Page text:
Rockets News

Why Scottie Pippen failed with the Houston Rockets

By Joe Edwards
Scottie Pippen (Photo credit should read JAMES NIELSEN/AFP/Getty Images)
Scottie Pippen (Photo credit should read JAMES NIELSEN/AFP/Getty Images)
facebooktwitterreddit
1 of 3
Houston Rockets
Scottie Pippen (Photo by DAN LEVINE/AFP via Getty Images)

We take a look at Scottie Pippen’s departure from the Chicago Bulls and transition to the Houston Rockets in 1999.

The 1998 NBA offseason was crazy. Michael Jordan would retire for the second time after winning his final ring as a Bull, the upcoming season would be shortened to only 50 games, and Scottie Pippen would go from 11 years with the Bulls to starter for the Houston Rockets.

The players association simply wanted to raise the ceiling on salaries but the owners wanted to save money. The league canceled the 1999 NBA All-Star game and David Stern was seemingly in shambles post-Jordan departure. In the midst of all of this, Scottie Pippen was looking for a new home.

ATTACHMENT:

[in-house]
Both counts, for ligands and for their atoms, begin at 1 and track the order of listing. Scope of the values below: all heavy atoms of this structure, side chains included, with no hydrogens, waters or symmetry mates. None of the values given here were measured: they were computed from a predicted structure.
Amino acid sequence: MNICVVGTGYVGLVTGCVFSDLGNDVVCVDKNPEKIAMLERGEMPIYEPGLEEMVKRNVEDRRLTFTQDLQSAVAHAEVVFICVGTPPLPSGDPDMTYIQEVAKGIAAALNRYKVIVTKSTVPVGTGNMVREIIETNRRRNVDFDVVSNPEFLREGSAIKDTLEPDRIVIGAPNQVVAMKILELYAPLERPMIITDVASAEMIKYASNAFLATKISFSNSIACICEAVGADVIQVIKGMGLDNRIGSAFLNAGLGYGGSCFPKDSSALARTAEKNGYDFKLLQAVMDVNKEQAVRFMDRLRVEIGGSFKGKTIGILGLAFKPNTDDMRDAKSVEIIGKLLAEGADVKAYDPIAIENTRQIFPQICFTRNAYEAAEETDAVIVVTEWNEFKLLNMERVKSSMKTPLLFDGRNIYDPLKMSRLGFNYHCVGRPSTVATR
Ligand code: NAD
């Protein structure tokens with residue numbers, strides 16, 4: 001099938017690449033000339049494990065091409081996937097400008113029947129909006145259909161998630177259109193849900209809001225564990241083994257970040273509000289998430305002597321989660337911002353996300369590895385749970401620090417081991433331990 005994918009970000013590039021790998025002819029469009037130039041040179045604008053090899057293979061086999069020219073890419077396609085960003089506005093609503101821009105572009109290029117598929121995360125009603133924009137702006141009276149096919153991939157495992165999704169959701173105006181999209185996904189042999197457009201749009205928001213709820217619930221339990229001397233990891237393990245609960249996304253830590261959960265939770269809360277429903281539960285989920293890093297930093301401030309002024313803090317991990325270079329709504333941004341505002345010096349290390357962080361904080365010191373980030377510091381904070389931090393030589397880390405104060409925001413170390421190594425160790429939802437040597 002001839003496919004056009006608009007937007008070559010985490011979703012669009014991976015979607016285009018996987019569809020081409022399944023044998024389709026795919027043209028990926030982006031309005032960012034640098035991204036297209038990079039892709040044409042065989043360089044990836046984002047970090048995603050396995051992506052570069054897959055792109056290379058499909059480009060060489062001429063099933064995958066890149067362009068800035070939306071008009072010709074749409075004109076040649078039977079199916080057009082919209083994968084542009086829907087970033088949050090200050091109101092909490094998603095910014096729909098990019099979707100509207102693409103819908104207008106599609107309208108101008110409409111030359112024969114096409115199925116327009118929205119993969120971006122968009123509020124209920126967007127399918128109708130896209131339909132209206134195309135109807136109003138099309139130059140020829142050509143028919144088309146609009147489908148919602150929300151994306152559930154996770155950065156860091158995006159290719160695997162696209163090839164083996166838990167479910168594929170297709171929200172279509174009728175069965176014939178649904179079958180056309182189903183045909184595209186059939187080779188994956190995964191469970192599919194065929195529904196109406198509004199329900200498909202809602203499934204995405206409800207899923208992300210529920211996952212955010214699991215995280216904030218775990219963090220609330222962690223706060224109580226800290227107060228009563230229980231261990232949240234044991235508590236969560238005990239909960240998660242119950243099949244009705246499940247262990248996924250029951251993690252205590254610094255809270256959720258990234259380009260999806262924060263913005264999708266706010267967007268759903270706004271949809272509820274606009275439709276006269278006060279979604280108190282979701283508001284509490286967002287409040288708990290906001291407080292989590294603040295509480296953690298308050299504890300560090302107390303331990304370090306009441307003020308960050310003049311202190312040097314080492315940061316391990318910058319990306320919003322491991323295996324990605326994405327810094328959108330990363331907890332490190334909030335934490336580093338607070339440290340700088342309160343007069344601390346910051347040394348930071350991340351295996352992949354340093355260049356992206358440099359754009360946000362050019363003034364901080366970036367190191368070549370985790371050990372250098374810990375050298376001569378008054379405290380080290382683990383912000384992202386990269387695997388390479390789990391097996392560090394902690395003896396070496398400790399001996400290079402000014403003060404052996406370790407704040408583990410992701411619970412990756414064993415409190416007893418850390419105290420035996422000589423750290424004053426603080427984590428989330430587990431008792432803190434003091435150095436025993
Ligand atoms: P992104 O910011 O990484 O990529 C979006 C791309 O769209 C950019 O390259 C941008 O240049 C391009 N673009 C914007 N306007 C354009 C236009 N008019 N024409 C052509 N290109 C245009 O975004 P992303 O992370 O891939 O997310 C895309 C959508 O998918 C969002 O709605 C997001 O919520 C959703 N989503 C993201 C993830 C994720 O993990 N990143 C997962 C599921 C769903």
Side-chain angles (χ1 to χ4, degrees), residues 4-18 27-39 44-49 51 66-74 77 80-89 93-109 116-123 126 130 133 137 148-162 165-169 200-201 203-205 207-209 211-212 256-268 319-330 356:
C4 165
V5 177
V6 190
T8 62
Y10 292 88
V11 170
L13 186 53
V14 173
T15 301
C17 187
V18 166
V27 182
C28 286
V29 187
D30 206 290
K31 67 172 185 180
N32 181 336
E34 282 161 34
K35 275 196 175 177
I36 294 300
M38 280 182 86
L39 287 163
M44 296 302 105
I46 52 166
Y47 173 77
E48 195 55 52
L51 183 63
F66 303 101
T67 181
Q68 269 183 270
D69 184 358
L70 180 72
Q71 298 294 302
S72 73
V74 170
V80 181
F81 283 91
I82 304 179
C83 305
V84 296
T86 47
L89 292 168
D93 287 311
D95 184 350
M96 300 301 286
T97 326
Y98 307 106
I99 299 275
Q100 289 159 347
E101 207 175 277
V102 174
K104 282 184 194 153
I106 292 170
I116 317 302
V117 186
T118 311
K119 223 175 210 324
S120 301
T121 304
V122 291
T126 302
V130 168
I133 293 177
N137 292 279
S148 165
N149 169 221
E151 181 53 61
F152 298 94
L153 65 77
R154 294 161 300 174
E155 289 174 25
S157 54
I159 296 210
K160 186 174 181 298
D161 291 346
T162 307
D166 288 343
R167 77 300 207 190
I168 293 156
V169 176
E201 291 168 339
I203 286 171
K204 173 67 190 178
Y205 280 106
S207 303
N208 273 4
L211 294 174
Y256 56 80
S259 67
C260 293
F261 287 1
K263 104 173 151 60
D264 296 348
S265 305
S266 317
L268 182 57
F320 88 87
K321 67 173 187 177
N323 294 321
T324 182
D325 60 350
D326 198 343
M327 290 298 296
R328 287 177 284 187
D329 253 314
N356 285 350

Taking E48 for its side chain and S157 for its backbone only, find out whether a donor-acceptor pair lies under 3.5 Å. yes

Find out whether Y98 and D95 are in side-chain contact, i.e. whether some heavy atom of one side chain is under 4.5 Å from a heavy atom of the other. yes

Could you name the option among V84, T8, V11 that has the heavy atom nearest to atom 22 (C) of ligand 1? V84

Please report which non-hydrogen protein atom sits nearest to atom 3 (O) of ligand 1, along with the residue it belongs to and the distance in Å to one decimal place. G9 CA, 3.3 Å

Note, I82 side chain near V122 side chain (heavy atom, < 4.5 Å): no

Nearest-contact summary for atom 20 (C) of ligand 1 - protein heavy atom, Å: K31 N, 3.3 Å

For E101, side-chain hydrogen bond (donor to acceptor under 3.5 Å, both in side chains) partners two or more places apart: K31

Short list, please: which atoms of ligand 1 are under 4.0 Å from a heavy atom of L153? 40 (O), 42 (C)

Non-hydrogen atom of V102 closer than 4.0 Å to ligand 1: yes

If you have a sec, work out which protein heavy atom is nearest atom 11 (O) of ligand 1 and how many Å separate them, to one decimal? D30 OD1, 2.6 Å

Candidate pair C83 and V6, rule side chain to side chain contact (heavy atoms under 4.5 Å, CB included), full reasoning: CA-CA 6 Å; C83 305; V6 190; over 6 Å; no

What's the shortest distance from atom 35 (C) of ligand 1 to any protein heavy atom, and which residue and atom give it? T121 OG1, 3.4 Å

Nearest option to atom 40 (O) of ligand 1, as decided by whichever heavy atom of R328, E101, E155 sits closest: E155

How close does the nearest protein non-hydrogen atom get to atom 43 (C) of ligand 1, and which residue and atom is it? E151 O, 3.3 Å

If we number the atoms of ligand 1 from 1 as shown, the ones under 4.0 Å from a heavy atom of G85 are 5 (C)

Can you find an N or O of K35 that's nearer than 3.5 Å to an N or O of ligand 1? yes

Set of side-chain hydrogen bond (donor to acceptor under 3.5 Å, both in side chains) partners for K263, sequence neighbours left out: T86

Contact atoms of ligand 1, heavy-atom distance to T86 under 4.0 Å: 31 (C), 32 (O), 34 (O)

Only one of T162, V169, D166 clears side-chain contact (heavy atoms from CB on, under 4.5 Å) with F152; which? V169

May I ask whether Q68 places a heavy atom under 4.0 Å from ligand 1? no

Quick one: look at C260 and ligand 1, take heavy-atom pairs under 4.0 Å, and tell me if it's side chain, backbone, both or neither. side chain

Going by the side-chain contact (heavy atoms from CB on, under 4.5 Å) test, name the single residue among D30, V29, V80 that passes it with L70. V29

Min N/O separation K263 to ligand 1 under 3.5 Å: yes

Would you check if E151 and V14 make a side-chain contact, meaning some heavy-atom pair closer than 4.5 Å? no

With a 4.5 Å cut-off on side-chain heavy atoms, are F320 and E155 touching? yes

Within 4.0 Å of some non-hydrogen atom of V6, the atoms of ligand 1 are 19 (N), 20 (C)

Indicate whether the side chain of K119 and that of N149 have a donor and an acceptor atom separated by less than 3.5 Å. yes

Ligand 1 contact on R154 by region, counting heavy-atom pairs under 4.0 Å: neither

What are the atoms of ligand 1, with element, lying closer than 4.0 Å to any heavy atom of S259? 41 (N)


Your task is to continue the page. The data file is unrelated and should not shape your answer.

Michael Jordan and company had just won their sixth NBA championship capping off the end of one of the sport’s most influential dynasties of all time. Pippen was an All-Star in the shadows of the greatest player to ever play the game.

Scottie was looking for a new city, and a man named Charles Barkley was lobbying for him to come to Houston. The reasons Scottie decided to take up Barkley on that offer to join the Rockets in 1998 isn’t exactly clear, yet the pay-raise from $2.8 million in Chicago to $11 million in 1999 might have been a decent enough incentive.

Barkley, Drexler, and Olajuwon were only one game away from the NBA Finals the previous year, just another helpful incentive to fly to Texas. Phil Jackson and Michael Jordan were also no longer on the squad. In January of 1999, the Bulls traded Pippen to the Rockets for Roy Rogers and a second-round pick.

Next: Pippen's time in Houston...

facebooktwitterreddit